Sunday, October 02, 2005


I am nothing if not passionate about what I like. One of my many loves is music, but not just any music. Because, unlike many people in my generation, I LOVE older music. (you know, stuff from 30-40 years ago that is the foundation of stuff that we enjoy now) So, while people my age are listening to bands that scream unintelligibly against walls of distorted guitars, I'm jamming to Bob Dylan. Some people don't understand my devotion to this man's music, and say things like "He can't even sing" or "I just don't understand the big deal about this guy," so, I'd like to try to explain why I love his music.

1. I think that this guy is a genius. He's written the most amazing lyrics I've ever seen. Seriously, the dude can take anything and put it in a song. Who else could write a song (Desolation Row) with Einstein, Casanova, The Phantom of the Opera, Ezra Pound, T.S. Eliot, The Hunchback of Notre Dame, & Cinderella without it seeming stupid? And who else could write so many incredibly good folk songs in only a few short years? If you don't agree, then think about this, Blowin' In the Wind, The Times They Are A-Changin, Chimes of Freedom, & With God On Our Side were all written within about 3 years of each other. Not only that, but Dylan's still kickin' and writing great stuff. Don't believe me? Check out Highlands, from 1997's Time Out Of Mind and you might just change your mind.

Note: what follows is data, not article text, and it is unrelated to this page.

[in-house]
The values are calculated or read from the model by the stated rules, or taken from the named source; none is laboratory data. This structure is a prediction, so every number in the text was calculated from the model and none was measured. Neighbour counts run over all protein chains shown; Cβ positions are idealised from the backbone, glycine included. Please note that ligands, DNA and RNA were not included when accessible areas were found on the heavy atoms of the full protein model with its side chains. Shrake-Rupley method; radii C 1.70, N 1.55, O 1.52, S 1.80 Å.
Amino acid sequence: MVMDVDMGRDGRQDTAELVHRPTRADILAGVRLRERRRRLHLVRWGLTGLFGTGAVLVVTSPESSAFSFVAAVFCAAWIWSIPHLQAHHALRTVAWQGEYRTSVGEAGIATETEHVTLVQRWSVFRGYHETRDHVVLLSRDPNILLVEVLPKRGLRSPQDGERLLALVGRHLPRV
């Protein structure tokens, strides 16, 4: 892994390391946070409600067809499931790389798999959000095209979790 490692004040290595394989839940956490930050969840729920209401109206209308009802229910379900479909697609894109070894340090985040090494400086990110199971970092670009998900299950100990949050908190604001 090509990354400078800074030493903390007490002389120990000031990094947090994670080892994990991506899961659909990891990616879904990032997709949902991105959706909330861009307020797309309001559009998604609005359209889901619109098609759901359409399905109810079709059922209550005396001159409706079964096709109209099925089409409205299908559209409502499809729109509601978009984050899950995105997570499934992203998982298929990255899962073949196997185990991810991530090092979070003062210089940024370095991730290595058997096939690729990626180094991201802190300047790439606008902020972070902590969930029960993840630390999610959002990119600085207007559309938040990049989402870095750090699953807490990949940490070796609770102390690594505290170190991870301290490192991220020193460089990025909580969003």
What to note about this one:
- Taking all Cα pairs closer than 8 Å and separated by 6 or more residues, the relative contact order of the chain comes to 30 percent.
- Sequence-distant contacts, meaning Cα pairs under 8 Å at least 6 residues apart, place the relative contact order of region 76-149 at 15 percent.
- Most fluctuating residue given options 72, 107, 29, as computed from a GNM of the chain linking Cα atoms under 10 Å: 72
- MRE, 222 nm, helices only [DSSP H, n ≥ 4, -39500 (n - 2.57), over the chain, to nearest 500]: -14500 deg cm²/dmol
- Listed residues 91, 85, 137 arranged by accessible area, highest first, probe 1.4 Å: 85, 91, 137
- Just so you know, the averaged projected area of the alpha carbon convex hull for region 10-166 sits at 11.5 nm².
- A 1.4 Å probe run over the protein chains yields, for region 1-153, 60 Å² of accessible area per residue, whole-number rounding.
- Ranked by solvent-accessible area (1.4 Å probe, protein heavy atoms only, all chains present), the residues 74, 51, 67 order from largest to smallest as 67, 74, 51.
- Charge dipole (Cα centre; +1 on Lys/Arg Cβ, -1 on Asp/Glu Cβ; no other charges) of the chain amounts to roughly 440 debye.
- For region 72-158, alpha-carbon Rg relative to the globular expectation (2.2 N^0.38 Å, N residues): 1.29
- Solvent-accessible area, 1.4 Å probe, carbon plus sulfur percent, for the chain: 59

2. Dylan is going to do what Dylan wants to do. He's not going to kowtow to what any record exec or fan wants or expects him to do. Back in 1965, everyone was comfortable with Dylan as the generation's greatest protest singer who sang accompanied by his acoustic guitar and harmonica. So, he turned the tables, went electric, and produced some of the absolute greatest rock and roll ever recorded. In only 2 years (1965-1966), he released 3 of rock's greatest albums, Bringing It All Back Home, Highway 61 Revisited, & Blonde On Blonde. Even back in 1997, when pop would soon go the way of the boy band and teenage girl diva, Dylan not only had a top ten album with Time Out Of Mind, he also won Album of the Year at the Grammys. When he decided to write an autobiography, Chronicles, Volume 1, in 2004, he didn't even talk about some of the pivotal moments in his life that many expected him to, like his conversion to Christianity or his motorcycle accident in the late 1960's. Instead, 80 of the book's 293 pages are devoted to his 1989 album Oh Mercy.

3. He changed a lot of popular perceptions. Particularly, he changed what it meant to be a popular singer. Lots of people figured (a la Jimi Hendrix) that if he could be a singer then so could they. Also, do you think that we would have some of these unconventional bands if it hadn't been for Dylan? Would Radiohead really write the kinds of songs they do if it wasn't for Dylan?

In conclusion, I enjoy listening to Dylan because his music means something. He's not up on stage singing about how "oops I did it again," or some other such piece of junk. He's singing about things that matter, such as how real people deal with real issues. Yes, he may clothe them with impressionistic lyrics, but the message comes through loud and clear. Even if you don't understand what in the world he's talking about in Ballad of a Thin Man, (which I don't) the feeling of alienation and helplessness that Mr. Jones, the song's main character, feels is communicated easily. I hope that Bob Dylan keeps making music for many more years to come, because I want to keep hearing what this guy's got to say. And, don't even think about trying to convince me that he's not worth listening to. I know better.

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